I made a telephone call to Mr Meryman in the summer of 2008. Intrigued by my approach, he agreed to let me listen to the tapes, but was reluctant to give me a copy of the material outright, so he regretted that I would have to be in New York to hear them. I held a fundraiser at the Royal Vauxhall Tavern to raise money for a flight and several of my peers, including David Hoyle, Timberlina and Ryan Styles, showed support by generously performing for free. I was successful in covering the cost of a flight and went to New York in October 2008.
Across two afternoons, in Mr Meryman’s West Village living room, I listened to the five-hour interview, originally conducted nearly fifty years ago across two afternoons in Marilyn’s living room at the infamous address on Fifth Helena Drive in LA where she died. These tapes are not as viscerally dramatic as the Judy tapes, because Marilyn was giving an interview to a journalist and, having been fired from Something’s Got to Give in the weeks before, was doing the interview as a PR exercise. But, nevertheless, there are authentic glimpses of her fragile humanity – mostly in the moments that might be considered too banal for broadcast in a conventional documentary (and after she’d supped a few glasses of champagne). It was a thrilling privilege to be one of very few people in the world who have heard this final interview in its entirety (in fact, Meryman told me later that I am the only person he’s ever allowed to have full access to the tapes).
Although understandably protective of the tapes, Mr Meryman’s curiosity was sufficienty aroused for him to confirm a willingness to let me use some of the material, upon agreement of a fee. At the time I didn’t have the means to make a transaction, however modest, so I thanked him for his time and told him I’d be in touch. I went off, continued developing my ideas, and during a three-month sabbatical as a nanny in the Australian outback in 2010 I wrote an Arts Council proposal for a grant to “write” a digital audio “script” – using not only the words, but also the voices, of both Judy and Marilyn to construct the narrative of a soundscape by which I might then re-member them (literally, put them back together) in performance.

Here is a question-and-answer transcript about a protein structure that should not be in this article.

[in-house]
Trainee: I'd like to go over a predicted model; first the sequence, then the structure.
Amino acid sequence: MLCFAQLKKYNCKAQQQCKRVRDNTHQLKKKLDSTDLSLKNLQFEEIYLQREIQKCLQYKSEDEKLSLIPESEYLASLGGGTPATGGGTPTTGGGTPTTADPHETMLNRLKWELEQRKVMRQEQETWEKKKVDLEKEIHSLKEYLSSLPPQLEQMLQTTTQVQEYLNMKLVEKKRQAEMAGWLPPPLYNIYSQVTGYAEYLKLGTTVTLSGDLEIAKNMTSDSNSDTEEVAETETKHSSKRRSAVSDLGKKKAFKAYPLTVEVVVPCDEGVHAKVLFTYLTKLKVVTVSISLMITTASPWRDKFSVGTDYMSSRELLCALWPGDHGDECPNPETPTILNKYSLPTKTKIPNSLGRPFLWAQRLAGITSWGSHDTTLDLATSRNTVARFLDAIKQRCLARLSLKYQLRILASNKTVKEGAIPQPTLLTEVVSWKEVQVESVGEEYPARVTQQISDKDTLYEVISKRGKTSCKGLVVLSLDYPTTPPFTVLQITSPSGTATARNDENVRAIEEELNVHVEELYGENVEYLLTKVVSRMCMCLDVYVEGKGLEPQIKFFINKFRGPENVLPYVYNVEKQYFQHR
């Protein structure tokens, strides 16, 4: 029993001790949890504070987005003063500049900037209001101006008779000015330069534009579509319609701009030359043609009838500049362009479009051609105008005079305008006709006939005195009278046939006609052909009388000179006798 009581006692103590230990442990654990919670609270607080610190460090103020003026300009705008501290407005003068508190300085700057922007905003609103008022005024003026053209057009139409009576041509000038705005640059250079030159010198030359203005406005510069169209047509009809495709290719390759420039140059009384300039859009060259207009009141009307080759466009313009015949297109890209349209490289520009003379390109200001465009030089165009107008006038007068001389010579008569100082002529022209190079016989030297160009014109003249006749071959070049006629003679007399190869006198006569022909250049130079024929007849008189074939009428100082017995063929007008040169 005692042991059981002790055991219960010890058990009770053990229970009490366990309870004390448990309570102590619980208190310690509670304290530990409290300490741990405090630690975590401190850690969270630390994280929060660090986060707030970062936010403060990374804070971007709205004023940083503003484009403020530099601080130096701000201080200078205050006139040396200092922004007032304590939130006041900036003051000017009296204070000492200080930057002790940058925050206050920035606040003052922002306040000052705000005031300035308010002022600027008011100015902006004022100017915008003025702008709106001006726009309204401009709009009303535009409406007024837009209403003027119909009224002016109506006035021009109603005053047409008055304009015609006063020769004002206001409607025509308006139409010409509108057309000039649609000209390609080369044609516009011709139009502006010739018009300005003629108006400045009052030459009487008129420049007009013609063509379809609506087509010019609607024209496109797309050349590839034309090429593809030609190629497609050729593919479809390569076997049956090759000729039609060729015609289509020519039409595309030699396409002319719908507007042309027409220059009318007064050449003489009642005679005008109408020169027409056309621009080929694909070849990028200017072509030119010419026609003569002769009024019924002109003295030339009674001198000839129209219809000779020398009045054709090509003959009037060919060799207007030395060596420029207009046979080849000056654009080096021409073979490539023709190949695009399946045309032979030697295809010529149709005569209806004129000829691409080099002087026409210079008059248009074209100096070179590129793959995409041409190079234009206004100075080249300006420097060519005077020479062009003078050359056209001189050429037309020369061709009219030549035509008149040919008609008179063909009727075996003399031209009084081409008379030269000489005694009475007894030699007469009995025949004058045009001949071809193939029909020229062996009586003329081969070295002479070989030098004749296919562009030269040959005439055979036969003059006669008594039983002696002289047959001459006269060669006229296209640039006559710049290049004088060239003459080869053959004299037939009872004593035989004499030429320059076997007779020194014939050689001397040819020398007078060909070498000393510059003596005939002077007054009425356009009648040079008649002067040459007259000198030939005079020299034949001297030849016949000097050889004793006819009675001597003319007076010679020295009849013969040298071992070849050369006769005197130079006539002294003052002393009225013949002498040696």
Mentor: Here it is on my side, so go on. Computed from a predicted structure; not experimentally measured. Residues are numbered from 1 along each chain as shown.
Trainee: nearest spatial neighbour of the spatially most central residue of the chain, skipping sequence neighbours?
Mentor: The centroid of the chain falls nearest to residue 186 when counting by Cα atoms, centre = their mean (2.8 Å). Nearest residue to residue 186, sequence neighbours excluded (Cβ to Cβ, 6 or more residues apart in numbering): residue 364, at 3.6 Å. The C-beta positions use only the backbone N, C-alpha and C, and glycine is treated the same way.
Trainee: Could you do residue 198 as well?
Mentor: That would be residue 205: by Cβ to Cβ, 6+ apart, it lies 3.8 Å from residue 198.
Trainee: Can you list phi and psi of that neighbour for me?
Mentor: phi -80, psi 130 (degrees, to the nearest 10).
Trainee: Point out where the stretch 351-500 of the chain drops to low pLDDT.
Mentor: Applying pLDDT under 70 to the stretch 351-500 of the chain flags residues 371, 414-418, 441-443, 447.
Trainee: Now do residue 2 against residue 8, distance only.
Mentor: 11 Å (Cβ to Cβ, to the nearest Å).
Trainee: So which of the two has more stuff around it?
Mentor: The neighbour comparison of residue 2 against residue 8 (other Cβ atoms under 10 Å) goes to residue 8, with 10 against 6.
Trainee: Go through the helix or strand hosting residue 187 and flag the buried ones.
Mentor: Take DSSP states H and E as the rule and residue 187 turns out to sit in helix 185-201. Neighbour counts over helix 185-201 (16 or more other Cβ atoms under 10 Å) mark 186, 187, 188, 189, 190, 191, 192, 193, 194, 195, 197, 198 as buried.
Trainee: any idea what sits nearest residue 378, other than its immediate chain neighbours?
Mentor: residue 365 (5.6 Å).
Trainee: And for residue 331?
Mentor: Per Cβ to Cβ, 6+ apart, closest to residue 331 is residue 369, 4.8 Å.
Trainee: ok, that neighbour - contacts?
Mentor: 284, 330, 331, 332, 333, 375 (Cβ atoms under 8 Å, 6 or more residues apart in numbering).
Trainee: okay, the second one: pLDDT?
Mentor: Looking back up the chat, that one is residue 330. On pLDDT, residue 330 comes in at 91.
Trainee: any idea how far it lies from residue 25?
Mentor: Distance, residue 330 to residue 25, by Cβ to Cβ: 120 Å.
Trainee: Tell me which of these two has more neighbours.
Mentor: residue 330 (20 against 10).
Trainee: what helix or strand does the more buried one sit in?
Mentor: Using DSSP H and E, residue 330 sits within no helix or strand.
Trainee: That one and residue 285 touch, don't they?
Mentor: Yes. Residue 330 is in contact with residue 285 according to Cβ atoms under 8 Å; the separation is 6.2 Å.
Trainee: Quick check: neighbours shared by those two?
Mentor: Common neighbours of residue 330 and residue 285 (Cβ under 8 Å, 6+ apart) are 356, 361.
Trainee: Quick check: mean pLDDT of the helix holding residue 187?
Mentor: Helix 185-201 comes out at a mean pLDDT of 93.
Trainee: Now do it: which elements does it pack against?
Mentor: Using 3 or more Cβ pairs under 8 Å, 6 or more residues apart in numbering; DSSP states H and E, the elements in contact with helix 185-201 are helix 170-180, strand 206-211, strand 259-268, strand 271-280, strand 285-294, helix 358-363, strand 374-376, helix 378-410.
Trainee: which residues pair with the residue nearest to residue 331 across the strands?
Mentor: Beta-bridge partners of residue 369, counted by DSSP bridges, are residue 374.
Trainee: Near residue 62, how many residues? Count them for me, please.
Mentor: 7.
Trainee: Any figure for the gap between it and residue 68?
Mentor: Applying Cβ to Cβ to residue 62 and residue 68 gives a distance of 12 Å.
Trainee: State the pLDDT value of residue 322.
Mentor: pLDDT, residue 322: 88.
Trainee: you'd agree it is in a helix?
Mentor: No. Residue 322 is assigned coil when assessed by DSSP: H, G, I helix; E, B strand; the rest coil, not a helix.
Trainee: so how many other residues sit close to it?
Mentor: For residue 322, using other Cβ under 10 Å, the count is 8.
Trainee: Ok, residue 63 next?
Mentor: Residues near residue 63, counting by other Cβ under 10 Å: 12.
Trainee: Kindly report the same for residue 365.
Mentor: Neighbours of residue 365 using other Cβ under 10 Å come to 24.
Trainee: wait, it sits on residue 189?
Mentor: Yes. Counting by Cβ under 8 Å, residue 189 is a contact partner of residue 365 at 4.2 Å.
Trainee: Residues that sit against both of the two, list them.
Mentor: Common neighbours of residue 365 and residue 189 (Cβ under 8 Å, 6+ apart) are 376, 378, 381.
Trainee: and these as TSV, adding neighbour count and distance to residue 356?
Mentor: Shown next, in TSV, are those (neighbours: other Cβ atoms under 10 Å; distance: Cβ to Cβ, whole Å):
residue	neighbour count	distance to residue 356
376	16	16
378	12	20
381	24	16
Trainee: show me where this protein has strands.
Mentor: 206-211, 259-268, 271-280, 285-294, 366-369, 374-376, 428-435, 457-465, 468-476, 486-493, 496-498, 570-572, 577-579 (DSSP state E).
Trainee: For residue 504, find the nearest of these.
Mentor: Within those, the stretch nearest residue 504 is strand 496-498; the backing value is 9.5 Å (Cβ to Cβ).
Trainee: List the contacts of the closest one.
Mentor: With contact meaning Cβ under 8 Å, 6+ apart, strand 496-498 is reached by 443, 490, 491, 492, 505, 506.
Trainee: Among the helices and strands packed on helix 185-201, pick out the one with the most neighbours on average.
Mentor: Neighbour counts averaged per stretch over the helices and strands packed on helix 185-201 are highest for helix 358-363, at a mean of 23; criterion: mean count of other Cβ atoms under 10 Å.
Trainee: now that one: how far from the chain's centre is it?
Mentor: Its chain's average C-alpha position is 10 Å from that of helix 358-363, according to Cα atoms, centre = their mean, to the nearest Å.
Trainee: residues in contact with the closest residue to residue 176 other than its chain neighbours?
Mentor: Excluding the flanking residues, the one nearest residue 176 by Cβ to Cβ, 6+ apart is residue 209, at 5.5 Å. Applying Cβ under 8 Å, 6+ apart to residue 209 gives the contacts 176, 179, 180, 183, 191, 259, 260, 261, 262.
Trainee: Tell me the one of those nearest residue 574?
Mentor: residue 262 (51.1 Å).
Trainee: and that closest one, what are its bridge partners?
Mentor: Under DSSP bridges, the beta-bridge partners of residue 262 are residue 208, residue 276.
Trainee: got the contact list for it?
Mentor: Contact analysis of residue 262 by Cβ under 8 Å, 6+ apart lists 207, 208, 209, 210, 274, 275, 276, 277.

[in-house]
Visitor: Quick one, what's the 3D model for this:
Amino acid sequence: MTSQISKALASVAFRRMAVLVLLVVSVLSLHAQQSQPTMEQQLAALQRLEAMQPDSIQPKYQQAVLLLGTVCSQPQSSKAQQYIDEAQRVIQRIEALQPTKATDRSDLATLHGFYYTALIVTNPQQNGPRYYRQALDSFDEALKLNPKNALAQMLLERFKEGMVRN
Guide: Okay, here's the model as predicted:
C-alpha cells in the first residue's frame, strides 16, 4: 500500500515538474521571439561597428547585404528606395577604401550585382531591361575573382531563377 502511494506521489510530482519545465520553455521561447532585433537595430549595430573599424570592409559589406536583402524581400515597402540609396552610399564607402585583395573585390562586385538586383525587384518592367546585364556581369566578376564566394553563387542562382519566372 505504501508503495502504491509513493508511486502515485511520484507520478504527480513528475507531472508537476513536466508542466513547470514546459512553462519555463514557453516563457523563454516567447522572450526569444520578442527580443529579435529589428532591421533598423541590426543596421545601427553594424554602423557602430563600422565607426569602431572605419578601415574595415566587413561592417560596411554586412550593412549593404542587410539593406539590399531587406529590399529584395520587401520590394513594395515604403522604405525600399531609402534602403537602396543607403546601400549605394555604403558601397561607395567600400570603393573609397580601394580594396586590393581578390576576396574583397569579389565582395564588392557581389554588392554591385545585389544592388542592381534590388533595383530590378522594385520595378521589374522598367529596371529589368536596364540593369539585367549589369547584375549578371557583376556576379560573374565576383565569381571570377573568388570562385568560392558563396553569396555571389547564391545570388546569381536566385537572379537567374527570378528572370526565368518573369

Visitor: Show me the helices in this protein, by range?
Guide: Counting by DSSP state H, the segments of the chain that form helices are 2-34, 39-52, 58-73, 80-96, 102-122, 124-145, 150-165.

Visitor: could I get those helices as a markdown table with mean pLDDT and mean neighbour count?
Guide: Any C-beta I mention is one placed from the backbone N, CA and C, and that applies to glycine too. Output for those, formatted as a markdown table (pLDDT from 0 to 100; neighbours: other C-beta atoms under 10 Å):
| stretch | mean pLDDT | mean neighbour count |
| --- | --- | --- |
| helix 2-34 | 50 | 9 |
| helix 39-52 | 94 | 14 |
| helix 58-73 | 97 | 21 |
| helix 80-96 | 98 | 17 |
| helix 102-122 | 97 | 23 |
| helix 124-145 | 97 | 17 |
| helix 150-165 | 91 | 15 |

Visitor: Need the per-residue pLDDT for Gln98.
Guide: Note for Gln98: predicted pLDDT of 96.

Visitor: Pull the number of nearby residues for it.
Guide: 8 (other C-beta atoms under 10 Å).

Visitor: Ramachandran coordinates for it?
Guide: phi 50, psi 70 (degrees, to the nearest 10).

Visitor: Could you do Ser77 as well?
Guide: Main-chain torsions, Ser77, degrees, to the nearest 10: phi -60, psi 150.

The Arts Council awarded me a Grant for the Arts in the summer of 2010 and I returned to New York in October 2010.
When I had first conceived this show, to be written in found sound, I imagined it was simply a show about Marilyn Monroe and Judy Garland, whose voices are its major stars. As it transpired, when I met Richard Meryman for a second time in autumn 2010, and recorded a further interview with him about his experience of meeting in Monroe, I found another perspective. It became apparent that he was helping me – and giving me exclusive access to his interview tapes – because he was reminded of his younger self in me; meanwhile, I became haunted after meeting him by the image of something like the future face of me.
Meryman thus became a third voice – the principal voice, in a way – of Blackout. By recasting his voice and his memories of meeting Marilyn 50 years ago I have created a kind of queer Krapp’s Last Tape where, rather than listening back to a younger self, I listen forward to a future self, about 50 years from now, remembering my encounters (in my head) with Marilyn and Judy in the present. It is a show that’s like a dream, which is not all a dream, starring all the characters on my journey, each becoming one another’s afterlives…
A version of the article appeared in the Hospital Club Magazine and on this website on 15 March.
Dickie Beau’s BLACKOUTS: Twilight Of The Idols will be at the Soho Theatre from 17-27 July.